When you start out programming, people tell you it’s a good idea to start with something small. It’s why almost all program tutorials start you out with printing “Hello world!” to the screen. In the case of games they tell you to produce Guess the Number or a Space Invaders clone or something equally unsatisfying from a gamer’s prospective. But in spite of this good advice, the starry-eyed gamers want to produce something exciting, something revolutionary, and they either wind up failing or producing something ugly. I’m a big believer that you only truly fail when you give up, so I don’t believe I have failed to produce a great game. I do think, though, that the current incarnation of boxing is pretty unattractive.
A big part of the reason behind this ugliness is that I started with an extremely limited skillset. I could only conceptualize how to produce the kinds of things I wanted with some very limited tools, and my code and design reflect this fact. It’s why I’ve been writing on the Twitter feed recently about how I’ve been going back through all of my modules and stripping out/refactoring a lot of the detritus that has collected there.
But as my knowledge has been evolving, so has my vision for the direction I’d like to take the boxing game in, spurred on in no small part thanks to some bona-fide geniuses on the Python tutor list. When I look at their code examples, their suggestions for different work-arounds, their ideas for alternative—and better implementation—I realize that I’ve only been scratching the surface of what this game is truly capable of. I don’t, for example, have to stop at four basic punches, especially when boxing offers a whole host of new ones. I don’t have to limit the game to blocking and not blocking when I can easily build in slipping, bobbing and weaving, stepping in, and so much more. Did you know that a classic boxing combination is to throw an uppercut with the power hand, then follow it up with a devastating hook with the other hand? Apparently the first punch lifts the jaw into prime position, and the follow-up punch lays the opponent out. I didn’t know that before yesterday, but now that I do, I want to build it in! Now that I have more tools at my disposal, I can do that—and what’s more, I can do it with relative ease.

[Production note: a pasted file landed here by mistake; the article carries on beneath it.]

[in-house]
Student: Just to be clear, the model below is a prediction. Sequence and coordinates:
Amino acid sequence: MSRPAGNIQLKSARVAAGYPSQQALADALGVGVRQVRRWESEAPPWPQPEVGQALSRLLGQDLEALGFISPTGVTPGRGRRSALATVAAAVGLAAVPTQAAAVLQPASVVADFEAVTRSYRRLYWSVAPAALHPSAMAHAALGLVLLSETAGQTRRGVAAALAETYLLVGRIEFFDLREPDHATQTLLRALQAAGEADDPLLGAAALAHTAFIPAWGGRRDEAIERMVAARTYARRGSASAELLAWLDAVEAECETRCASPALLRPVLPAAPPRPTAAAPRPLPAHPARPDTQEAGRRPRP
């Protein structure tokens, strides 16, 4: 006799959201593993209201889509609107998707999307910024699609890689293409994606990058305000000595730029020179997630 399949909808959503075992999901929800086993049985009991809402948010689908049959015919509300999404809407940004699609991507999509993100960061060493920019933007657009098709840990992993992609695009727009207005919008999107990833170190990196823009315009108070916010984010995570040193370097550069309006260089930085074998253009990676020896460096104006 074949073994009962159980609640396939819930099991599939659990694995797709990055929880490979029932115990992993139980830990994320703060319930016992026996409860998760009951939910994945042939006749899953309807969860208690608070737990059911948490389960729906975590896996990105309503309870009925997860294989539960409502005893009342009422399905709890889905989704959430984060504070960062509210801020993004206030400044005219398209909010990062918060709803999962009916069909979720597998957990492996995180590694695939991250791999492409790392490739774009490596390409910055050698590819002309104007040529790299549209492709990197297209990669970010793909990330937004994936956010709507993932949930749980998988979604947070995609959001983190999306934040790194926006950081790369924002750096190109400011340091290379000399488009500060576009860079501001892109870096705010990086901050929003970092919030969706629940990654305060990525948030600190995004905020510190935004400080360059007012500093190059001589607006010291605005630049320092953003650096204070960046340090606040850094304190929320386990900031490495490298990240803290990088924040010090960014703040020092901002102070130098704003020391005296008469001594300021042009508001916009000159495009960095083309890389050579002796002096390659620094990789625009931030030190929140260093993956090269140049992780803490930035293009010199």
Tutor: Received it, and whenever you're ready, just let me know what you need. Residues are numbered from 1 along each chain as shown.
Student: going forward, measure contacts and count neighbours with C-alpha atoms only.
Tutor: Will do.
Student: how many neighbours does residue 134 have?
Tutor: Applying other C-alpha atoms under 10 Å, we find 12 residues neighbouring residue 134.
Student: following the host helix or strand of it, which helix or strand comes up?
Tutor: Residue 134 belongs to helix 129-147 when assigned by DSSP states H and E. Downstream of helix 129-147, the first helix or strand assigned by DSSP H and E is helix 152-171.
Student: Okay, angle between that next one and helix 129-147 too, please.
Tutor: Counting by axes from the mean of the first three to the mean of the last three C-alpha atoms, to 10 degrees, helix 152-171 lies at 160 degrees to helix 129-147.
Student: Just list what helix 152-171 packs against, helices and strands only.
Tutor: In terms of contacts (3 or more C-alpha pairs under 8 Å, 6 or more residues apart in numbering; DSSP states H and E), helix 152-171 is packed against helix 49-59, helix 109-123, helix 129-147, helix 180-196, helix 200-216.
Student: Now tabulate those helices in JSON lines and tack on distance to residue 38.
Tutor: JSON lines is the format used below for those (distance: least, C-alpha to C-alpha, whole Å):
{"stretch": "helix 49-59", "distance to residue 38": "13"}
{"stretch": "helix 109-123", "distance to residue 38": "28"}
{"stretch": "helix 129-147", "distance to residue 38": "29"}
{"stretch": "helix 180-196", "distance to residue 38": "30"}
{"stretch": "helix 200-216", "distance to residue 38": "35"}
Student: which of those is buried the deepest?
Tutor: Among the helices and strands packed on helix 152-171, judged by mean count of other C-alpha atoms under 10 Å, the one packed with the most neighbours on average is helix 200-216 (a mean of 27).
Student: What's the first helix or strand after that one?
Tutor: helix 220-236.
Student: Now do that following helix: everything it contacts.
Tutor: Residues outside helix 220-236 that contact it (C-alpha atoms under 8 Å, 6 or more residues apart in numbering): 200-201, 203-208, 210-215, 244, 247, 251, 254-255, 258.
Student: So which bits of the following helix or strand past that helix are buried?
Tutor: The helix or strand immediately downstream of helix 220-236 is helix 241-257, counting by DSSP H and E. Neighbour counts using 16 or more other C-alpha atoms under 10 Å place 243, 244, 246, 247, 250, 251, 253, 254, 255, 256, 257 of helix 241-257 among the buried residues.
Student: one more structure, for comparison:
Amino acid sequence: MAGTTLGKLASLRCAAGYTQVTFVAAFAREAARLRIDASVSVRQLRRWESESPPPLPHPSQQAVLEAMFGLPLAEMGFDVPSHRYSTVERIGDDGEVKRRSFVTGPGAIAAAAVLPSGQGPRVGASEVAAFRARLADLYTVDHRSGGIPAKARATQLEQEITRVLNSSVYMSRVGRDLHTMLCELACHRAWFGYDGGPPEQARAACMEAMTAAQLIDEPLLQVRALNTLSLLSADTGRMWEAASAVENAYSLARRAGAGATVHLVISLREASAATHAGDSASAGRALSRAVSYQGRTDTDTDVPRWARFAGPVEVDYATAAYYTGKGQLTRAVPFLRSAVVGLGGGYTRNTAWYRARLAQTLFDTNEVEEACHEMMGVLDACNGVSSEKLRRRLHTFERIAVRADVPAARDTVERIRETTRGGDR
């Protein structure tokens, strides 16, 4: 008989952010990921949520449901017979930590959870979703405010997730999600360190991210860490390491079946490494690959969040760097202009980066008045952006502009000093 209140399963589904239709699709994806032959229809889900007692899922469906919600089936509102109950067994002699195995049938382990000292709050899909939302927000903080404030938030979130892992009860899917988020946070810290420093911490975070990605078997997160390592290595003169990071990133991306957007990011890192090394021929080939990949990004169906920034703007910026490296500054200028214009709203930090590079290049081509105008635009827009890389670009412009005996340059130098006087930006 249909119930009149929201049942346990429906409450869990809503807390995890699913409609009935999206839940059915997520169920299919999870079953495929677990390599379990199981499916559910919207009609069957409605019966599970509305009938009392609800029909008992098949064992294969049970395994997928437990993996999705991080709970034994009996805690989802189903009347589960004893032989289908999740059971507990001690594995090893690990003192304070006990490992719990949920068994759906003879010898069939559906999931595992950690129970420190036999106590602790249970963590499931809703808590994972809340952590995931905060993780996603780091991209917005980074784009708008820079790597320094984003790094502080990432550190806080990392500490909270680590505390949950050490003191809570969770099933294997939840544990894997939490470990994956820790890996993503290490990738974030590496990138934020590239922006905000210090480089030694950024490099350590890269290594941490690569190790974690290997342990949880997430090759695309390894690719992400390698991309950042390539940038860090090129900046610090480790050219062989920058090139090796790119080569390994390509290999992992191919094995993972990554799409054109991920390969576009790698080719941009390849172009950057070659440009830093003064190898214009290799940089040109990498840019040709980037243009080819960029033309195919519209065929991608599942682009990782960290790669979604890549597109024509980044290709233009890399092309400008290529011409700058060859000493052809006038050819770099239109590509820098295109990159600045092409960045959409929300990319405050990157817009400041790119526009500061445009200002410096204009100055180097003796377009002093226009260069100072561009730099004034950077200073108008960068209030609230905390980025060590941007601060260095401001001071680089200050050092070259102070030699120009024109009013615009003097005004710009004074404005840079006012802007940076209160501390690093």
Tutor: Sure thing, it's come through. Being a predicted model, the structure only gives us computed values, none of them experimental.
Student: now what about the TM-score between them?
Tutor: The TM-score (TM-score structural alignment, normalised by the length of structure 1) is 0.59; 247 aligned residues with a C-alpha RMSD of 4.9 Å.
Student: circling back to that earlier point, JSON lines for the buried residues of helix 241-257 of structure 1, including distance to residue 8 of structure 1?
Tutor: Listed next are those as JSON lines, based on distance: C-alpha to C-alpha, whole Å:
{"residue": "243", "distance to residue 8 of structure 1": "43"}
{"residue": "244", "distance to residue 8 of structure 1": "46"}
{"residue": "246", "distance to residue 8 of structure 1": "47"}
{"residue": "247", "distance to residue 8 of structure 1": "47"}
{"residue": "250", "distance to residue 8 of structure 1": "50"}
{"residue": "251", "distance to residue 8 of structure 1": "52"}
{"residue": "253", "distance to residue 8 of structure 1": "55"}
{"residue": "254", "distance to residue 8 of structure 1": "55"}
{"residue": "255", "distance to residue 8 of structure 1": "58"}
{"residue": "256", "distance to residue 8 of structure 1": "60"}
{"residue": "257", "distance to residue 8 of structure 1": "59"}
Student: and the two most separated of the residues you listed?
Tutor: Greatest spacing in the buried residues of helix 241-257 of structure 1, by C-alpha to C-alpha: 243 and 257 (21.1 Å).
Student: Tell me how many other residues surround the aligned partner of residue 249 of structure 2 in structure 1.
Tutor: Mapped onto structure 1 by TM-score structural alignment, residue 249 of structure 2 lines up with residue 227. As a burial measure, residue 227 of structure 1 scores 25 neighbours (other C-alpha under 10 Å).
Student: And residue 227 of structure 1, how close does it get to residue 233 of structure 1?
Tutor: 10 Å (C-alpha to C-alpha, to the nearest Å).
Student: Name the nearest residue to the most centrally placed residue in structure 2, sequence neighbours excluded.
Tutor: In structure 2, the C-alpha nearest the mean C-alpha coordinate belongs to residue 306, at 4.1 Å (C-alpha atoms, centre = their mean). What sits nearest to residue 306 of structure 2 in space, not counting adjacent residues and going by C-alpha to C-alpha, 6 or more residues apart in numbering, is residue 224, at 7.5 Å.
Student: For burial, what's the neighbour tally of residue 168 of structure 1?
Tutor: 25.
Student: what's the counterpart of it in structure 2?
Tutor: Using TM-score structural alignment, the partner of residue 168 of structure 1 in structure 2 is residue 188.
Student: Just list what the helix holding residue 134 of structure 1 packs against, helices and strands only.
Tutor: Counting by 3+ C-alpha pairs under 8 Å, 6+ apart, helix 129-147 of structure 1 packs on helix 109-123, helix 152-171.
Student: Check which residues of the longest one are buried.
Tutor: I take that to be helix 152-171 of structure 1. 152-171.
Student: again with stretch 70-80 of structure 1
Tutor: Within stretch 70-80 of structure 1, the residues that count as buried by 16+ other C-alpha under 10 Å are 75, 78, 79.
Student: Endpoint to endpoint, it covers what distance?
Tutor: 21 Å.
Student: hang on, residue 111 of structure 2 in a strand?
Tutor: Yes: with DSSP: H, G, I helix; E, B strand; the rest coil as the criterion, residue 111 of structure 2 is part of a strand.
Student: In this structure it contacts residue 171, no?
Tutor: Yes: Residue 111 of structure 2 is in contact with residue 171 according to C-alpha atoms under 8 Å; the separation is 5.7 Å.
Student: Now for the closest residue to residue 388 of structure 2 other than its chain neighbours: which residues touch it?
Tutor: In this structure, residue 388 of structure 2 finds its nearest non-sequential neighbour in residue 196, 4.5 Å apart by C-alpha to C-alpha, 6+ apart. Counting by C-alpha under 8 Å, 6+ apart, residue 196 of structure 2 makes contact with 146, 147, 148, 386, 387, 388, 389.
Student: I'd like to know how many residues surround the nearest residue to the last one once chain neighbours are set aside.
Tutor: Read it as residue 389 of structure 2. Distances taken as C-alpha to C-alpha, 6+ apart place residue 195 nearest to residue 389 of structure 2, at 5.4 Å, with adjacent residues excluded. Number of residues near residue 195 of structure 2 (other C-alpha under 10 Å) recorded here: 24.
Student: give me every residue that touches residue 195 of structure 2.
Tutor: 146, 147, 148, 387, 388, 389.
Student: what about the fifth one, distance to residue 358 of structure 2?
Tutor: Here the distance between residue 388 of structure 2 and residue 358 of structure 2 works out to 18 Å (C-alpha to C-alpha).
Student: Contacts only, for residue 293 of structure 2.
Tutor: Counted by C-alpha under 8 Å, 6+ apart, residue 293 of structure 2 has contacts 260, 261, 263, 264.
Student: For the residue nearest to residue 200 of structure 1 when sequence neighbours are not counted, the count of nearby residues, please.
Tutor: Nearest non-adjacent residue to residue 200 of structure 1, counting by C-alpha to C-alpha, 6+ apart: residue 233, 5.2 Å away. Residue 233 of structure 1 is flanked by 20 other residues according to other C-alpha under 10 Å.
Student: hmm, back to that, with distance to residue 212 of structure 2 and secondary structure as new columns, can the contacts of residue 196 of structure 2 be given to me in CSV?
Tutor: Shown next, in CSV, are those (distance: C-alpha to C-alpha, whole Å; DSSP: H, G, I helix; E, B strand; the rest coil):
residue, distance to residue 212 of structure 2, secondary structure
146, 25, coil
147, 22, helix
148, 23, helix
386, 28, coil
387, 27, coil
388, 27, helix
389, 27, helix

This probably comes as a bit of a disappointment to people who were hoping I would release the game yesterday, but I promise that the mechanic change will make the game a lot more fun for all involved. Instead of just mashing a particular button repeatedly and getting away with it, players will have to make strategic decisions and play off of their opponents. They’ll have to learn which punches to lead with and when to throw a proper combination, and the opponent will be learning right back. If they throw the old one-two too many times, the opponent will start to anticipate it.
While I think future players will really appreciate these changes, I’m also making them for my own sake. Nothing is more frustrating than spending lots of time on a project that is no longer of interest, and I don’t want to become frustrated with the boxing game. I want this to be an exciting journey for all involved, but since I’m steering the ship right now, I need to make sure I don’t fall asleep at the wheel. Thankfully, we’re bound for Tahiti.
And I’d better stop with the nautical metaphors.
Oh hey—random thing: Did you know that coffee gives you super powers? No, really. I use it all the time when coding to help me stay strong. In fact, I might go have some right now!